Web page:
The energy-related tensions do not end there. In November, Turkey dispatched two oil-exploration ships into disputed eastern Mediterranean waters, prompting protests from Greece. In a traditionally tense region where Greek and Turkish fighters engage in daily mock dogfights, the potential for escalation is huge. An ongoing court case in Turkey charges members of its military with planning to foment a war with Greece as a pretext to carry out a coup against the incumbent government.
    From a Greek perspective, engagement with Israel could attract Israeli investment and technological knowhow to its moribund economy, secure sophisticated arms-sales and win over an influential protector that can act as a foil to a newly-energized Turkey eyeing energy deposits in the Leviathan field and the Aegean Sea.
    “Papandreou wants to attract the interest of Israeli business in the Greek economy and perhaps attract US business through Jerusalem,” said Sotiris Roussos, the head of the Center for Mediterranean, Middle East and Islamic Studies at Greece’s University of the Peloponnese. “He also wants to reintroduce Greece as a player with specific natural interests in the eastern Med.”
    Greek-Israeli trade, currently approaching half a billion dollars a year, is increasing by 12 percent annually.
    Tehran also seems perturbed. On a visit to Greece last December, former Iranian Foreign Minister Manuchehr Mottaki offered Greece the status of “favored partner.”
    But his words “were more rhetoric and flattery than structured plan,” said an informed Greek foreign ministry official. Mottaki offered no details of what Greece would gain in return for arguing Tehran’s corner in Brussels.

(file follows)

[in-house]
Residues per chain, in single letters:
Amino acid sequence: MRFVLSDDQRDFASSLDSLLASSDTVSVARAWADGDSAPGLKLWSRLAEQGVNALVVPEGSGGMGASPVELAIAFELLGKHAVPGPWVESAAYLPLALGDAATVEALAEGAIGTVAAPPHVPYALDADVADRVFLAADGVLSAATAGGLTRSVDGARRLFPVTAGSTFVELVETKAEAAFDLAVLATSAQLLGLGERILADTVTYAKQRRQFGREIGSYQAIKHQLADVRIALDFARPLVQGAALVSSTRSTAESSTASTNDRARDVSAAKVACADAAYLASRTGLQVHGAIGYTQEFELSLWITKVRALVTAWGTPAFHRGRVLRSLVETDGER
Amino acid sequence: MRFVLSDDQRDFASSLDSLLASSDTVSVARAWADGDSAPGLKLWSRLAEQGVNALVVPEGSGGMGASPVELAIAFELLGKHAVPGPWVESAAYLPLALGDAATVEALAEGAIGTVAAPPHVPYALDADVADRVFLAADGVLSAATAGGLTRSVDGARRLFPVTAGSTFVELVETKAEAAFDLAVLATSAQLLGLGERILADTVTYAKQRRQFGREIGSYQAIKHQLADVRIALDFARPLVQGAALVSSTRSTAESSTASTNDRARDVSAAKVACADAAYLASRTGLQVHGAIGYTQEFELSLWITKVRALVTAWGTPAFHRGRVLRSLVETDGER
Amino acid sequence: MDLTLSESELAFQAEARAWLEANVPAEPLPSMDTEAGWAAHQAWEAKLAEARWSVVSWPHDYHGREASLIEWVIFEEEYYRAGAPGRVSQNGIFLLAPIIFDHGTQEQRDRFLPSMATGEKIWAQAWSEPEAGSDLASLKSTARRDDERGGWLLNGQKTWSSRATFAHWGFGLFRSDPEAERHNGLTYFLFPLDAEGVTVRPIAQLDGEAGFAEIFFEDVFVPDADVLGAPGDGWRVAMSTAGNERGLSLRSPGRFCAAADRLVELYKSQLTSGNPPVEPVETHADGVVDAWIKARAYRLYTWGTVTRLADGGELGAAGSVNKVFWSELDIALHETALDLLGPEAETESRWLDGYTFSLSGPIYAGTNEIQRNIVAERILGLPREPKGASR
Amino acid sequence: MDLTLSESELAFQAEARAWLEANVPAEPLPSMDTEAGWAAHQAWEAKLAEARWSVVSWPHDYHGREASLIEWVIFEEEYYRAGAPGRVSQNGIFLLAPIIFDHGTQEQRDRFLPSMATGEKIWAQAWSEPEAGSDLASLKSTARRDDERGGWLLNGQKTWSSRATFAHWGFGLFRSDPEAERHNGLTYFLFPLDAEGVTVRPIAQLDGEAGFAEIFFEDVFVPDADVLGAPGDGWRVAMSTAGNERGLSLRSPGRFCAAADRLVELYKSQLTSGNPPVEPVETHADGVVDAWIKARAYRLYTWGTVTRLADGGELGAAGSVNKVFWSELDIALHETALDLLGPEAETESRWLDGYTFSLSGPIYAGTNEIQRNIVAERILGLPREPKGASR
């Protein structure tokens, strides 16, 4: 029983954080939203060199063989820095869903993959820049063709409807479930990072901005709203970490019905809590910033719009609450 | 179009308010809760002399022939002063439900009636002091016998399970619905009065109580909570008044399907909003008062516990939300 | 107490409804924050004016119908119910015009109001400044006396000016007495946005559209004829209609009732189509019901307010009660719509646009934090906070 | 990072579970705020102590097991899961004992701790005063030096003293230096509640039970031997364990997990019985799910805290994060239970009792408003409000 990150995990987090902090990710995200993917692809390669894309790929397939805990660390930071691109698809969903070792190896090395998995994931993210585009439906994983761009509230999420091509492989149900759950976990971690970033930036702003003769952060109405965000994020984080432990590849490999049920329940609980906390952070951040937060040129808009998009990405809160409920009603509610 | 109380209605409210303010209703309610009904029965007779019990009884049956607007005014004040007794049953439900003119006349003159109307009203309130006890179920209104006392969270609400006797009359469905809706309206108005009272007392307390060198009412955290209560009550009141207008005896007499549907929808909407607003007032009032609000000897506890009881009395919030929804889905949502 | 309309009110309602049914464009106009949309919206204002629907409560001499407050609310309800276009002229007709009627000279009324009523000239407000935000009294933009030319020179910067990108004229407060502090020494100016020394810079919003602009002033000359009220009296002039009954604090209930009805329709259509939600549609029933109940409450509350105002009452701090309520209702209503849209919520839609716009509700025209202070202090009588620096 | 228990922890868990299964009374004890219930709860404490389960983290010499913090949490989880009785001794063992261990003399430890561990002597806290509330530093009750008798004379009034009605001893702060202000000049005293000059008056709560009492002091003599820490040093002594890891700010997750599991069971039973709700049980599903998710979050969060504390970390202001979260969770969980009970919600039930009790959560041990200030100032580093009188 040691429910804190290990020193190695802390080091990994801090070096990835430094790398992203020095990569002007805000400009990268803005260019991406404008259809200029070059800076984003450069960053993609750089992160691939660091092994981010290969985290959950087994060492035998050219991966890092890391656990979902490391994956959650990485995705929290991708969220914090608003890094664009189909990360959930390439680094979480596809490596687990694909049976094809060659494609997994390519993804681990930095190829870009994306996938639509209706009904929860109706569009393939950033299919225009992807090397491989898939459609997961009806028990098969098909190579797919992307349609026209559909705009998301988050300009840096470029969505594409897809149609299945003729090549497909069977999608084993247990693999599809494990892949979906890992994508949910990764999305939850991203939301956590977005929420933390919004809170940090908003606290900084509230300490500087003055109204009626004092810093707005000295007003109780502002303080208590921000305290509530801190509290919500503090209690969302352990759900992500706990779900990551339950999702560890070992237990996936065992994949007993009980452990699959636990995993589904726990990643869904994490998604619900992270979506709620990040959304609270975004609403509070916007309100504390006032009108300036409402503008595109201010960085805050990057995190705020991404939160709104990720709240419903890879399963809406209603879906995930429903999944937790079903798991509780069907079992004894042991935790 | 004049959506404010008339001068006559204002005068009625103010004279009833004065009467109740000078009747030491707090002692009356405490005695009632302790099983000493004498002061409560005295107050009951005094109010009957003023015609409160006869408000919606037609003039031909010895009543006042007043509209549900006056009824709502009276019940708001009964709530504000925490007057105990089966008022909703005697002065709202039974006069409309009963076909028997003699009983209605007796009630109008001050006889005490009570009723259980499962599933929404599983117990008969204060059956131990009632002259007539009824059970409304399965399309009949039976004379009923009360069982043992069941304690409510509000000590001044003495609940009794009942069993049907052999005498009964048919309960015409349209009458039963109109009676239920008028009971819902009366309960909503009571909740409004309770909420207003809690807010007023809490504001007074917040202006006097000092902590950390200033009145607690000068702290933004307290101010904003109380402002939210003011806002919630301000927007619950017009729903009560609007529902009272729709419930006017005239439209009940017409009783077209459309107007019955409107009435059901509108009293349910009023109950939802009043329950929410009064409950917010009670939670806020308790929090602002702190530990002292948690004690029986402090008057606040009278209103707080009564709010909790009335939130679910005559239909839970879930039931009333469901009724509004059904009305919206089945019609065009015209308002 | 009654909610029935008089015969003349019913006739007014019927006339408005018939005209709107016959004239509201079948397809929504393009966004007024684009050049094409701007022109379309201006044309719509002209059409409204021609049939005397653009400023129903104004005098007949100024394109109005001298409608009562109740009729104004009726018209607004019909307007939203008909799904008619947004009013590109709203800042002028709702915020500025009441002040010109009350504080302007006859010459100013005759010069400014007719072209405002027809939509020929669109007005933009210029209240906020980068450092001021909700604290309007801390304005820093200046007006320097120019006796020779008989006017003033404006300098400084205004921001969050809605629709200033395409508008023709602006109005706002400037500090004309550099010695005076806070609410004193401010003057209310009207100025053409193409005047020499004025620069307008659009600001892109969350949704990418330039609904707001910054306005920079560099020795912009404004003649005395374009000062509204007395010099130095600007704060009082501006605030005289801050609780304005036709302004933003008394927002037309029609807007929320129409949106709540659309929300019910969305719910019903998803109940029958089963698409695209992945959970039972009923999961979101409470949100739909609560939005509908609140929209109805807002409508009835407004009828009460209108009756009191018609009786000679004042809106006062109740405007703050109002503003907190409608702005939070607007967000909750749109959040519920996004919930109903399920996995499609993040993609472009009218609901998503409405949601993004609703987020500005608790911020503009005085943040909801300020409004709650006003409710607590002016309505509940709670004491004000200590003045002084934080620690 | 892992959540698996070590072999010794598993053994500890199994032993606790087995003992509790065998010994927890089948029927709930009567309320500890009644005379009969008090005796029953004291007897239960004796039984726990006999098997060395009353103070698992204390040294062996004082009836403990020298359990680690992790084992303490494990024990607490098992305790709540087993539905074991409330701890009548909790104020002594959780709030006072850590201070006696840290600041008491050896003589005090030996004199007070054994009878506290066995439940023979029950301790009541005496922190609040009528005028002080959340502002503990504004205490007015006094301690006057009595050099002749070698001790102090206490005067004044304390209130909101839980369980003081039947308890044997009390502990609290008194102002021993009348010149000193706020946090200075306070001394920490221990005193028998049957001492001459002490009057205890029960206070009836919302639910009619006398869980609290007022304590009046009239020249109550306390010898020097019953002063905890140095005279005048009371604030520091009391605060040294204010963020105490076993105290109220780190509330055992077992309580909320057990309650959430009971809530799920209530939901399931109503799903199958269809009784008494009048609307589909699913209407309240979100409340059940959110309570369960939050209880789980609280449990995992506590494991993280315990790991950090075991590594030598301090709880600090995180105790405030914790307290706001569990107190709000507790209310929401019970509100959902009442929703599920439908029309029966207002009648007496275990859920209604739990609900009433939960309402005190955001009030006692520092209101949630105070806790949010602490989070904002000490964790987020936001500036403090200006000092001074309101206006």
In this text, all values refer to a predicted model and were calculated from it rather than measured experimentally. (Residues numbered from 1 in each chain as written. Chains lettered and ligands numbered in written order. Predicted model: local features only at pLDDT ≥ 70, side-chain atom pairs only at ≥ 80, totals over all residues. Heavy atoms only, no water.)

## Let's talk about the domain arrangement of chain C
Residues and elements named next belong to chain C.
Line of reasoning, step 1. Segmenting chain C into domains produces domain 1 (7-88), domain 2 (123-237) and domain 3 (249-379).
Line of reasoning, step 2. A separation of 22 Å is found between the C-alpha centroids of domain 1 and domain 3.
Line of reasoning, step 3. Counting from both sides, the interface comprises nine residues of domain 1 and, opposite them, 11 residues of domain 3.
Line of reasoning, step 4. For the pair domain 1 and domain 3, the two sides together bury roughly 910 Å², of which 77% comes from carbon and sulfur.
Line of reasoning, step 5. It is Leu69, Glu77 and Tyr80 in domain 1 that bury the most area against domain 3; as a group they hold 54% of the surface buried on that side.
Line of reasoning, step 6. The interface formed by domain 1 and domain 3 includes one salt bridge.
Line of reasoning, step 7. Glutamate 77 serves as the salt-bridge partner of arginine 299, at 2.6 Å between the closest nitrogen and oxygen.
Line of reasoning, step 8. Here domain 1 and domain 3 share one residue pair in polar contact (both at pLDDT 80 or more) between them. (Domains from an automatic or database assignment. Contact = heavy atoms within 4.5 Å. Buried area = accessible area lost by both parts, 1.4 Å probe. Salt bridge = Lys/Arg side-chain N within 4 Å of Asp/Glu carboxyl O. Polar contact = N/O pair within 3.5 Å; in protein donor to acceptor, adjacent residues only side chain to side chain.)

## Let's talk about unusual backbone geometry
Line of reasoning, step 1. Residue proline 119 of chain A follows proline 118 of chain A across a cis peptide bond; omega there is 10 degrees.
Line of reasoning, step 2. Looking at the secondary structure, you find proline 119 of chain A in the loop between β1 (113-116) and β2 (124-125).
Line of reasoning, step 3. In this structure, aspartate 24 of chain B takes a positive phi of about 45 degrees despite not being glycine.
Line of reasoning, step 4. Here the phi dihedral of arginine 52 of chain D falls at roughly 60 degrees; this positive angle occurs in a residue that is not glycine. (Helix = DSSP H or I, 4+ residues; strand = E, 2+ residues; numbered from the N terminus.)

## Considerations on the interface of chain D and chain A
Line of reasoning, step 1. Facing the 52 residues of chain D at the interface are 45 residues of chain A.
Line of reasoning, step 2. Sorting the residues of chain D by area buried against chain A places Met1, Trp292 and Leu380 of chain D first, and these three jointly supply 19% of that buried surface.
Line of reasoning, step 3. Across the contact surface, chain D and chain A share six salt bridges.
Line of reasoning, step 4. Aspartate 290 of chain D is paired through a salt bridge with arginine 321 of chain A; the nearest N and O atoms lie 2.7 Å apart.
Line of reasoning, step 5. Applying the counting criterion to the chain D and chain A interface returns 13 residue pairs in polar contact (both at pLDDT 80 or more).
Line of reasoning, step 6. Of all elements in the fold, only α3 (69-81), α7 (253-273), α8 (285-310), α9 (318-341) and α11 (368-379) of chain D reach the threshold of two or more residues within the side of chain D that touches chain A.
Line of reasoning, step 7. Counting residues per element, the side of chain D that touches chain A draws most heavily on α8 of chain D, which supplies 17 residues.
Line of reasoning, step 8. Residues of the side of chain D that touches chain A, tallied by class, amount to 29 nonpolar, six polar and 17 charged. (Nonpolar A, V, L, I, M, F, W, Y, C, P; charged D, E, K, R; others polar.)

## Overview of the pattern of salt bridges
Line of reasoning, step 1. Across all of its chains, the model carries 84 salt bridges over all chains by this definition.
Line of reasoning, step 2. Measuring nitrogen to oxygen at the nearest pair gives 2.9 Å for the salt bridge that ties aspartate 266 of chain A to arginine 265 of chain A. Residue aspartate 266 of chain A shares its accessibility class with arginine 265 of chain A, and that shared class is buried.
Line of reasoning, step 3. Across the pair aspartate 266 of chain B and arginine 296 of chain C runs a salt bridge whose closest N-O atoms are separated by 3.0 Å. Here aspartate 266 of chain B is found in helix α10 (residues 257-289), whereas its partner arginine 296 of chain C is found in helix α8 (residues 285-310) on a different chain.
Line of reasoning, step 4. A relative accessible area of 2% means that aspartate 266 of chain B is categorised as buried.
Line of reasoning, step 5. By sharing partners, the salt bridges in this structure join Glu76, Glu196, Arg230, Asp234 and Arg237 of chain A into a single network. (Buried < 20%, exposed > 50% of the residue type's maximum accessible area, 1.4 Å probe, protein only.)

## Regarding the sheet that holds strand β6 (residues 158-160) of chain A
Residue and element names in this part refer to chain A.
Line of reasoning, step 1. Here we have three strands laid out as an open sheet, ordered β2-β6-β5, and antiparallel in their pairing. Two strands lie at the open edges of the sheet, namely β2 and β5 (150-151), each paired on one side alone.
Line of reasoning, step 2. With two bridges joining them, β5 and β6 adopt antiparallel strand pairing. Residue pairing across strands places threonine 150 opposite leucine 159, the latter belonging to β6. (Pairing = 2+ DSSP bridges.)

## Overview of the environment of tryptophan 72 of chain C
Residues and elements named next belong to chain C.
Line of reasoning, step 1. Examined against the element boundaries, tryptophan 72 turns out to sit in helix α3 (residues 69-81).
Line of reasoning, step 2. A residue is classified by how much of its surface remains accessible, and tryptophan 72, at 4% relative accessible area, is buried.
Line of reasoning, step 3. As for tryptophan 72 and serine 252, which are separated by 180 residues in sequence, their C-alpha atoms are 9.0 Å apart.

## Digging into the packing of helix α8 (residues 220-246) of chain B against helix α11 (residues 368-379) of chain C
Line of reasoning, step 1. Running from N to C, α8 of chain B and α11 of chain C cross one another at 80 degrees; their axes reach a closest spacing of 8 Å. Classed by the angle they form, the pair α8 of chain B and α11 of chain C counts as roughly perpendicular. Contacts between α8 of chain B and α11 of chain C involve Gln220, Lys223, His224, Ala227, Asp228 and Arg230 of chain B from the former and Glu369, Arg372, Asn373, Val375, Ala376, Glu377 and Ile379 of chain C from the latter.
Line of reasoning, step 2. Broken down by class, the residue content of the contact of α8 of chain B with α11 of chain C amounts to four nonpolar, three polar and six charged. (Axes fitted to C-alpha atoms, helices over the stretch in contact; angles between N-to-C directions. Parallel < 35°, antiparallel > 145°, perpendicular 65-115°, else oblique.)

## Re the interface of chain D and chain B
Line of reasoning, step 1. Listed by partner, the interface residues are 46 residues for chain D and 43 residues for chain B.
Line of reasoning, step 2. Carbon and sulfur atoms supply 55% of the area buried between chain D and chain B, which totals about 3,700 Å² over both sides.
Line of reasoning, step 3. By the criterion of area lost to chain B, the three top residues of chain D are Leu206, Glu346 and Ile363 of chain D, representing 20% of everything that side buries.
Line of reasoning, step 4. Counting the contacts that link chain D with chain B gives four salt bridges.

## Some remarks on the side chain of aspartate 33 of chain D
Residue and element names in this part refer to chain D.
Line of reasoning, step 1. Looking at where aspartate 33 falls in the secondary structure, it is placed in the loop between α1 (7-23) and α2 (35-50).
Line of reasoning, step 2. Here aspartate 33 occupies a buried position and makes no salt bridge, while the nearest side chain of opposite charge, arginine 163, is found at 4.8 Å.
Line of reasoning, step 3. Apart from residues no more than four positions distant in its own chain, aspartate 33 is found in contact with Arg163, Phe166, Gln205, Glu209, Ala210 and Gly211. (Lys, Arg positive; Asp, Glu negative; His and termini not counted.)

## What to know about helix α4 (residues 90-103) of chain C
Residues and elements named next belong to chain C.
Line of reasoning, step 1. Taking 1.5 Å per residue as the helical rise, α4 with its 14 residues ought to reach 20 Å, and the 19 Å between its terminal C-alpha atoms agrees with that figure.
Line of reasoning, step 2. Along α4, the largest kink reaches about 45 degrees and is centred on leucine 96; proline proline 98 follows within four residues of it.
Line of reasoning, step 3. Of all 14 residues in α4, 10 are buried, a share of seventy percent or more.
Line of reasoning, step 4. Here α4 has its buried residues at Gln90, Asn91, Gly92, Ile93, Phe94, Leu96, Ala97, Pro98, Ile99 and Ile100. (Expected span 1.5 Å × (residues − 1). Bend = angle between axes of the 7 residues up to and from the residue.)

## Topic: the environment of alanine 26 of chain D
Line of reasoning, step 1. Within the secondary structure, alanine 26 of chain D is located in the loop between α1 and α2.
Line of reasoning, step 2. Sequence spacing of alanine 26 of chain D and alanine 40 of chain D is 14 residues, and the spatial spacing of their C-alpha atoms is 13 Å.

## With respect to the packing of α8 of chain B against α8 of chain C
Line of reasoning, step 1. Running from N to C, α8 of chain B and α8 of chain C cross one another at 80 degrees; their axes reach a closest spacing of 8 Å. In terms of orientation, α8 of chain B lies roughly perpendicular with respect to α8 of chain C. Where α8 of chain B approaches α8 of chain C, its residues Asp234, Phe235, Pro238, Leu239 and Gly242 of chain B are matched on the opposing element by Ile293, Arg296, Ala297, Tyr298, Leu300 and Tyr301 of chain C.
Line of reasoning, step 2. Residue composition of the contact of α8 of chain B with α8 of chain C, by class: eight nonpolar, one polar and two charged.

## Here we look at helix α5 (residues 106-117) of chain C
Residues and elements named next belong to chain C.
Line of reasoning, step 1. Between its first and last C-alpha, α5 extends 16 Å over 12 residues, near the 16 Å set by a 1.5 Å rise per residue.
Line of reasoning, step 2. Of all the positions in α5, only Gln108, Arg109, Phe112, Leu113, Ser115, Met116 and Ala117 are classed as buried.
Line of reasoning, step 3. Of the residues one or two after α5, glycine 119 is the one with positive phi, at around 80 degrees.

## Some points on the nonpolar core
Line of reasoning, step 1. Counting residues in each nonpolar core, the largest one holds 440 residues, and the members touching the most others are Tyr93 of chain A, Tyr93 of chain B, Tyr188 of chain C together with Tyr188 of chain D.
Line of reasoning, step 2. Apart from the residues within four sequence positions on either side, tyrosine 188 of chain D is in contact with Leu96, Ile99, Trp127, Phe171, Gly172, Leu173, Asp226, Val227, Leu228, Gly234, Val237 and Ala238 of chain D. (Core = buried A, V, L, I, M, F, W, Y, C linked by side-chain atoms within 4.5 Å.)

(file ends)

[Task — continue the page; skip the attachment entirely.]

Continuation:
“We very politely said we would consider their offer and left it at that,” the official said, who also revealed that an Iranian embassy official had been caught trying to assess Athens Airport’s security procedures as a “NATO-standard international airport.”
    In the same month as Mottaki’s offer, an Israeli delegation was in Athens to discuss “a new military partnership in the Mediterranean” while a Greek military official visited Israel, tasked with purchasing unmanned aerial vehicles and weapons systems for Greece’s F-16 fighter jets.
    Greek-Israeli military ties were warming-up years before the political rapprochement. In 2008, Greece earned Iran’s ire when it opened up its airspace for Israeli fighter jets to train for a possible long-range strike on Iranian nuclear facilities. Greece’s Russian-purchased S-300 air-defense system is similar to Iran’s.
    “Tel Aviv is in need of air and naval space for the conduit of its military maneuvers,” said Ioannis Michaletos, a terrorism analyst, “and the Aegean and East Mediterranean is considered an ideal space for any kind of military exercise due to the challenge that islands and mountain ranges pose to any modern jet or radar equipment.”
    The Greek media has been split over the new strategy, with one portion regretting the conclusion of a thirty year pro-Palestinian policy (Greece was the last western country to recognize Israel) and another appearing optimistic over where the new ties can take Greece.
    “Any foreign attention is welcome,” said Amnon Sella, professor emeritus at the Hebrew University. “I can imagine that significant ties may evolve in the future.”
    Until the Nazis occupied the northern Greek port city of Thessaloniki, it boasted Europe’s largest Jewish community of immigrants taken in by the Ottoman Empire after the horrors of the Spanish Inquisition. But Greece held out from opening an embassy in Israel until 1990 against a background of anti-Israeli and pro-Arab political rhetoric championed by former Prime Minister Andrea Papandreou, the current prime minister’s father.